In 2004 the government passed a childcare entitlement. It was convoluted in an Obamacare kind of way—a socialist benefit that users had to purchase for themselves on the open market. The government would pre-imburse users on a sliding scale based on their projected income for the following year, then chase beneficiaries down if they wound up earning more than expected. At some point a band of Bulgarian migrants pulled off a scam, pocketing millions of dollars in benefits and leaving the country before they could be tracked down. The government became convinced it was being defrauded on a certain percentage of claims, and started using a predictive system that effectively created quotas for fraud charges. By the time the public figured out what was going on, Dutch tax authorities had wrongly prosecuted 26,000 modestly situated citizens for fraud. There were a host of suicides, divorces, and children removed from parents’ custody. For years, each individual defendant lived his Kafka-esque ordeal alone, but by 2019 it was clear something had gone systematically wrong. Rutte’s centrist coalition stonewalled. The toeslagenaffaire is the main thing Dutch people talked about during COVID (besides COVID), and in 2021 it brought Rutte’s third government down. After swearing he’d learned his lesson, Rutte re-formed exactly the same coalition once he had the votes. That was the government that fell last year.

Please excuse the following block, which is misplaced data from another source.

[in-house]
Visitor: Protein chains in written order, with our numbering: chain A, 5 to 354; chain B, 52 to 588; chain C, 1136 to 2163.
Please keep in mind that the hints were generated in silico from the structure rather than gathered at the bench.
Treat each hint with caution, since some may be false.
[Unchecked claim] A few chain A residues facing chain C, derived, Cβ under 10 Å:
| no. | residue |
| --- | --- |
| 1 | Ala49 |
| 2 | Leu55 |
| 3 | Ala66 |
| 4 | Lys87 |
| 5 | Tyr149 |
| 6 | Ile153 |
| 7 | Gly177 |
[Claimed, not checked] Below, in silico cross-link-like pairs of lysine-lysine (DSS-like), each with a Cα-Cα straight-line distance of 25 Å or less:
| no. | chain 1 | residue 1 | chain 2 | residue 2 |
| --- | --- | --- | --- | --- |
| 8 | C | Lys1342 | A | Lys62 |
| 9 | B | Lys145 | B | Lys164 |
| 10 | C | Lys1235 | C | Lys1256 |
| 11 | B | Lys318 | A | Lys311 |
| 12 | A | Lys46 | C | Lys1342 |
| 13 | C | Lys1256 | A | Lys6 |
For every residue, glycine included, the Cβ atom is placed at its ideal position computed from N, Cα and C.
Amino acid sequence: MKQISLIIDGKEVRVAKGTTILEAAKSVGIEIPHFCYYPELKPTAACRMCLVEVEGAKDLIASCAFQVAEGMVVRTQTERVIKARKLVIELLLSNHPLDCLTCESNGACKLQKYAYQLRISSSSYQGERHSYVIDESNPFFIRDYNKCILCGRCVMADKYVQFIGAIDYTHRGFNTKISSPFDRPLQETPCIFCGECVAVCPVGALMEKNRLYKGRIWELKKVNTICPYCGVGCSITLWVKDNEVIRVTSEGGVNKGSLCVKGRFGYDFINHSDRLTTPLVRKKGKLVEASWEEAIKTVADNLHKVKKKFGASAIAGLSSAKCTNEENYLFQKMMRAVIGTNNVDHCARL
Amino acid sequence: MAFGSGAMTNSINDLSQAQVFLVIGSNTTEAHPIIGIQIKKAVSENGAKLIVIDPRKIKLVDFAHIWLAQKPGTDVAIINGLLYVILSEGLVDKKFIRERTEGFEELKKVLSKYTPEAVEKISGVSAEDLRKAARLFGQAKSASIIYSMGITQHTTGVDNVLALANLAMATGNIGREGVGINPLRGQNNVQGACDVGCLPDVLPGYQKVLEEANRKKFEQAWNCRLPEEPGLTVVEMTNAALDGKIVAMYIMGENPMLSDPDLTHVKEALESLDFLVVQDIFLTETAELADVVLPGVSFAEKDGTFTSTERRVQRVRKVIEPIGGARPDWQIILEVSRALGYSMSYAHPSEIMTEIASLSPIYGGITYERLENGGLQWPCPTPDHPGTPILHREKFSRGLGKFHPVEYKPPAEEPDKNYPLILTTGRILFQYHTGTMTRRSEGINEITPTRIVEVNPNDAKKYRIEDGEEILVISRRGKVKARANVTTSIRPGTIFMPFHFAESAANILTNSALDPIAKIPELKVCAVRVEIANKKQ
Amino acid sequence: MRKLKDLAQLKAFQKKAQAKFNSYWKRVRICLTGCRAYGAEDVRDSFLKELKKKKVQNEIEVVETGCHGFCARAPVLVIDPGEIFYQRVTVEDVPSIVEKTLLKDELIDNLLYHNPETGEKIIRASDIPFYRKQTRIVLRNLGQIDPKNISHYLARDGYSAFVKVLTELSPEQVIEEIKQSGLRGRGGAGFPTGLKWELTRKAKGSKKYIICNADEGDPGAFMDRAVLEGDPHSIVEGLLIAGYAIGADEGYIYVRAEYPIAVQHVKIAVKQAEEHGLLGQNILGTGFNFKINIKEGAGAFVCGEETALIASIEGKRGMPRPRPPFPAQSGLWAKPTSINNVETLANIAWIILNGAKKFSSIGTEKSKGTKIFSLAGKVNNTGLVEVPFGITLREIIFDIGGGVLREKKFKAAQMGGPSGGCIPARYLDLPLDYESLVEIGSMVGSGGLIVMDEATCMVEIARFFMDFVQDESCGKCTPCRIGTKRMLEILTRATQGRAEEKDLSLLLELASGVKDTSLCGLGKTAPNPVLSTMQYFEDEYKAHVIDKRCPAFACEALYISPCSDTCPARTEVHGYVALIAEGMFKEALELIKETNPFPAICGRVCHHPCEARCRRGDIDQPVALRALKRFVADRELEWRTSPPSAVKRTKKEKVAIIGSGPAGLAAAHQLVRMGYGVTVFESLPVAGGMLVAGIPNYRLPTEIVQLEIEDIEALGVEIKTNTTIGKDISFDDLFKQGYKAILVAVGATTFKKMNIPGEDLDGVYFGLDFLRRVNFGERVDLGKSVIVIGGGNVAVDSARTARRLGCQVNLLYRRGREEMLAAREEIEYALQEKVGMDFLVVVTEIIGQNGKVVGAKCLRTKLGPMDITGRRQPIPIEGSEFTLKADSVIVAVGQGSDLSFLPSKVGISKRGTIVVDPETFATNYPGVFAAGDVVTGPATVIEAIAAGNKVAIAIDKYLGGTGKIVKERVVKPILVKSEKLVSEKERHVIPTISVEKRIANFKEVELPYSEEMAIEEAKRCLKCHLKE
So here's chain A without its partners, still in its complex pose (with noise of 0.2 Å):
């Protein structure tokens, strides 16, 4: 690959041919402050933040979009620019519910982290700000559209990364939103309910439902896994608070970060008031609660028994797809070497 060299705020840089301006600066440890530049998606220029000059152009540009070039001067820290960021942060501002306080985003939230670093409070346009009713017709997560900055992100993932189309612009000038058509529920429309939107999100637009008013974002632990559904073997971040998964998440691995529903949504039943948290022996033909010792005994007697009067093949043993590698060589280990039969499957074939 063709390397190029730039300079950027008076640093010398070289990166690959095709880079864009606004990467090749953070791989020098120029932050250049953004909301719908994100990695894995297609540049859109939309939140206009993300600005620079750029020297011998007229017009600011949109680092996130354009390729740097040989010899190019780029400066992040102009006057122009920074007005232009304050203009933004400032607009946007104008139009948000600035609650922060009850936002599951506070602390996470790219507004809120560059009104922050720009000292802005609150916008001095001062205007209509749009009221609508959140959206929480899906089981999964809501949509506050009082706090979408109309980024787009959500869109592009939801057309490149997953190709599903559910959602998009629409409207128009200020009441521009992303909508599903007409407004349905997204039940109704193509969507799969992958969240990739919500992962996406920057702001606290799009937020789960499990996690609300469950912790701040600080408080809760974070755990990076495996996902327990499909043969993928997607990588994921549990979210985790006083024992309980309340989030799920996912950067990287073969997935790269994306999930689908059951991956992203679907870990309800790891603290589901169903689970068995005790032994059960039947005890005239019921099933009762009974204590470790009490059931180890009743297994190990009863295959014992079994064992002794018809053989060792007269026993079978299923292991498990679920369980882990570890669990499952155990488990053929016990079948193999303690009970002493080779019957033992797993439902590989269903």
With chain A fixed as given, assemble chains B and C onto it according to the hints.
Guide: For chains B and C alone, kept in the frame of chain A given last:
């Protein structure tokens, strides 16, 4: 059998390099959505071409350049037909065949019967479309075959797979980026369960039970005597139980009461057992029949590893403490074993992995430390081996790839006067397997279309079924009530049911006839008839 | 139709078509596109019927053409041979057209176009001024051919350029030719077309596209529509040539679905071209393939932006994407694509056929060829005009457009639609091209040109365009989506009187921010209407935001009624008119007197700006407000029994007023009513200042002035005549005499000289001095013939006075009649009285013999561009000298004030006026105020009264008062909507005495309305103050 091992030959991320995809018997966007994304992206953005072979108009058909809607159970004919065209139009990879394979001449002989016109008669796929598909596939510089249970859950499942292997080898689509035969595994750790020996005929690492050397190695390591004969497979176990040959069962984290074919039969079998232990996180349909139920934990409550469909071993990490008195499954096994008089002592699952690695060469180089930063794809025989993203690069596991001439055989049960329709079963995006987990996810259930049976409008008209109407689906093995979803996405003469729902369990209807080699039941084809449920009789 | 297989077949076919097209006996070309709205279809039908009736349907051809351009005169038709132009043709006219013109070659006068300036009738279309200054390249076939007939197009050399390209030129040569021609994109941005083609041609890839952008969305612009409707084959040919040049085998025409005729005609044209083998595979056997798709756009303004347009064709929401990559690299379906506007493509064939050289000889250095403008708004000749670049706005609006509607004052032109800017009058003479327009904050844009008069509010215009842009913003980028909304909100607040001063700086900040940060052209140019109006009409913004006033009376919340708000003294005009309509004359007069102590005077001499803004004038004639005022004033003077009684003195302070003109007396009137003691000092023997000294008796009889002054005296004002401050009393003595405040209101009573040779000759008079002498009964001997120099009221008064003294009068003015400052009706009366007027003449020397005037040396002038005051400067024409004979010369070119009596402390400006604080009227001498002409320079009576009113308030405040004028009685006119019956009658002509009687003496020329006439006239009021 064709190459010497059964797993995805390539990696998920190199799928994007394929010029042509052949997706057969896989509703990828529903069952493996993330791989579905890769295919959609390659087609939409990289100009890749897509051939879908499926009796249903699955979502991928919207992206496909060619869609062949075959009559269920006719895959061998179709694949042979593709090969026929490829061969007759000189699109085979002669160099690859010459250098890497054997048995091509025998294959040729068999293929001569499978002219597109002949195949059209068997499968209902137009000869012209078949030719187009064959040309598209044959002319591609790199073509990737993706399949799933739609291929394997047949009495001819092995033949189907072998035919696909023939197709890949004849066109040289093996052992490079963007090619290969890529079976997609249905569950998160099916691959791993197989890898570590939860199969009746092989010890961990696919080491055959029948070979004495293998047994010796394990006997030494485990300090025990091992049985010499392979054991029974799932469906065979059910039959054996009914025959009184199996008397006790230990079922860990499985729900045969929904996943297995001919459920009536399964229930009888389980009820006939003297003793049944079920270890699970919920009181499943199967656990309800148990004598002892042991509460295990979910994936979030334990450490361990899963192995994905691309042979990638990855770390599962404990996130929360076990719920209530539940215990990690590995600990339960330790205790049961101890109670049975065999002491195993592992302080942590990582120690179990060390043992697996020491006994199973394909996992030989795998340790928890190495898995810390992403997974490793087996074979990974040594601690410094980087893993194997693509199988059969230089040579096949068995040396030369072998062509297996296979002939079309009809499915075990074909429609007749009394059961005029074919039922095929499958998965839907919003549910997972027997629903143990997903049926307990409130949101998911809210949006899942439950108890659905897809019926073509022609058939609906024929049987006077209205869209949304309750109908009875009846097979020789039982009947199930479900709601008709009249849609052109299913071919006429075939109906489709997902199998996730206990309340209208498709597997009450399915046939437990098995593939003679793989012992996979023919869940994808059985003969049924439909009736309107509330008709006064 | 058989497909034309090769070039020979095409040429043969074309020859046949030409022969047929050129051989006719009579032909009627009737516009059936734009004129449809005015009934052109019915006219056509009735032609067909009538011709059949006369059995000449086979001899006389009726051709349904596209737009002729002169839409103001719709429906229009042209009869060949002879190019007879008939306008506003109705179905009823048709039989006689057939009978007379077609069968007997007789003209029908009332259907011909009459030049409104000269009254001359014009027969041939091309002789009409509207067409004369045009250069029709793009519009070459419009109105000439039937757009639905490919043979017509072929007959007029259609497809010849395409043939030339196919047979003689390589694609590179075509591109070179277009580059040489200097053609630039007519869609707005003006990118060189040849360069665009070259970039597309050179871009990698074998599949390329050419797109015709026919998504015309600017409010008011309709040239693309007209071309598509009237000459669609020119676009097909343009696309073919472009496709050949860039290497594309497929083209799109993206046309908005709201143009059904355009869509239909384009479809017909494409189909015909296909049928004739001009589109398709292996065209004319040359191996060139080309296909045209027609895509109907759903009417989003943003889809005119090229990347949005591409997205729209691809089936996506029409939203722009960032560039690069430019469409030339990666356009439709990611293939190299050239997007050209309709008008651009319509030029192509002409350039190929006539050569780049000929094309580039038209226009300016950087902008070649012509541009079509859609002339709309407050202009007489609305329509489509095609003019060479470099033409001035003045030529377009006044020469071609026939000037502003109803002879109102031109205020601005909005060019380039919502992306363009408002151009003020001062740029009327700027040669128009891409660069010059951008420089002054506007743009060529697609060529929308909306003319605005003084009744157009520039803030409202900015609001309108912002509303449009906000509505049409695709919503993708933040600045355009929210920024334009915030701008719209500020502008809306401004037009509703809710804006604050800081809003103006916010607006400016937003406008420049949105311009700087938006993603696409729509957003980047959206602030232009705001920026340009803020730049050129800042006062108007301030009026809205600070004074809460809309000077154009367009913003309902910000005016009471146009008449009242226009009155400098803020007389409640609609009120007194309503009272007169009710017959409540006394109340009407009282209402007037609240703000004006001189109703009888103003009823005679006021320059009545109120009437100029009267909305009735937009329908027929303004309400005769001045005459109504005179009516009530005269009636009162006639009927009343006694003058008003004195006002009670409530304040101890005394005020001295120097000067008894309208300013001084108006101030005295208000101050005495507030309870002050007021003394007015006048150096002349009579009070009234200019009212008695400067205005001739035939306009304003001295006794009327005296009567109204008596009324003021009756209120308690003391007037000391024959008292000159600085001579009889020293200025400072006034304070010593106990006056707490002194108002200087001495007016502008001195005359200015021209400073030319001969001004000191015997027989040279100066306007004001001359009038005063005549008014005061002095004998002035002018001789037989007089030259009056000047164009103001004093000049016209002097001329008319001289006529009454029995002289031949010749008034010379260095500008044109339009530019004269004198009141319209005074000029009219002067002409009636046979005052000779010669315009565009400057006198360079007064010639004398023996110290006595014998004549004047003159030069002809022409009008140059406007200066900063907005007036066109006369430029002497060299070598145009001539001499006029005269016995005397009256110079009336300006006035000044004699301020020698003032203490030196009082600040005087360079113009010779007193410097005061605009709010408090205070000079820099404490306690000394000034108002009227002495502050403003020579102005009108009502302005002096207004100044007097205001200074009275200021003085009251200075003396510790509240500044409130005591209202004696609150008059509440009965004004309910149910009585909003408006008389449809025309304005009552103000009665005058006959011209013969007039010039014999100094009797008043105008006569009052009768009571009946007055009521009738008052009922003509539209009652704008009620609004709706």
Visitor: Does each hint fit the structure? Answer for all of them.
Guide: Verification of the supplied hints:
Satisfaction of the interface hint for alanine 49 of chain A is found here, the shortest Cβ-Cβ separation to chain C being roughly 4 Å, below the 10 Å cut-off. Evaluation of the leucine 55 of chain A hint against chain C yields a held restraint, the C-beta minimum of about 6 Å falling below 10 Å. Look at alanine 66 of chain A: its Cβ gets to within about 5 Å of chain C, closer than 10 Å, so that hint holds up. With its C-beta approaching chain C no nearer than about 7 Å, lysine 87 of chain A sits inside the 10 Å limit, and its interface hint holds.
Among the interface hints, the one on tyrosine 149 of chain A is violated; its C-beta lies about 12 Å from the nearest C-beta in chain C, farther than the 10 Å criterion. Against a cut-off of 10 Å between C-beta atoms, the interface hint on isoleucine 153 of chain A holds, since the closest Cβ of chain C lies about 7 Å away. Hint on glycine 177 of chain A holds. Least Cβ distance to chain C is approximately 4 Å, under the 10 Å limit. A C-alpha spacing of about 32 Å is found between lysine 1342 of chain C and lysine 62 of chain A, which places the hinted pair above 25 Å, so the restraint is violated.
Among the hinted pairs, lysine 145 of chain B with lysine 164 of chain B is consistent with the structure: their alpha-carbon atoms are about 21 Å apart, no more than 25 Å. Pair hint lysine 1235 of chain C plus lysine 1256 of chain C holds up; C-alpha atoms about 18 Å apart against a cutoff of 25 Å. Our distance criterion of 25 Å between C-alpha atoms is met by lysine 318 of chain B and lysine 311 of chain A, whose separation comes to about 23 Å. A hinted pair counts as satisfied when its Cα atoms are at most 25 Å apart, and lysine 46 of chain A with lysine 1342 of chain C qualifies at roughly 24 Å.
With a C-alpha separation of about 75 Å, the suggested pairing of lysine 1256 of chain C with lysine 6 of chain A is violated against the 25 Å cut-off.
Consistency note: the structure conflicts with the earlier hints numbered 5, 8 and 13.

The man who broke the scandal open became a national hero. He was Christian Democrat Pieter Omtzigt, a constitutional idealist and a legislative prodigy. Colleagues and journalists talk about Omtzigt with both awe and impatience. One longtime correspondent in the Hague described him as “the single greatest politician I have ever seen”—at least as far as policy expertise and attention to legal detail was concerned—but warned that that might not be enough. “Politics in the Netherlands is wheeling and dealing. It’s hard to live by high standards. Voters like it but it doesn’t work.” It hasn’t always worked for Omtzigt. He withdrew from politics in 2021, citing exhaustion. His colleagues, resentful at his breaking of partisan omertà, cast him as obsessive and a bit weird. Almost every top journalist in the Hague has a story of being interrupted at home on a weekend with his family by a call from Omtzigt, eager to discuss some subtle mechanism in a legislative amendment. But it was Omtzigt most Dutch people thought would be their next prime minister in the months after Rutte’s resignation. He wrote a book urging what he called a New Social Contract and started a new party of that name (NSC). What is more, he began to talk about making migration his focus in coming months. He called on the E.U. to enforce its borders. He suggested that, if consequential action were not forthcoming, the Netherlands might have to suspend its participation in the E.U.’s Schengen agreements, which guarantee free movement across the continent. Instead it could join a couple of its like-minded E.U. neighbors in a “mini-Schengen.”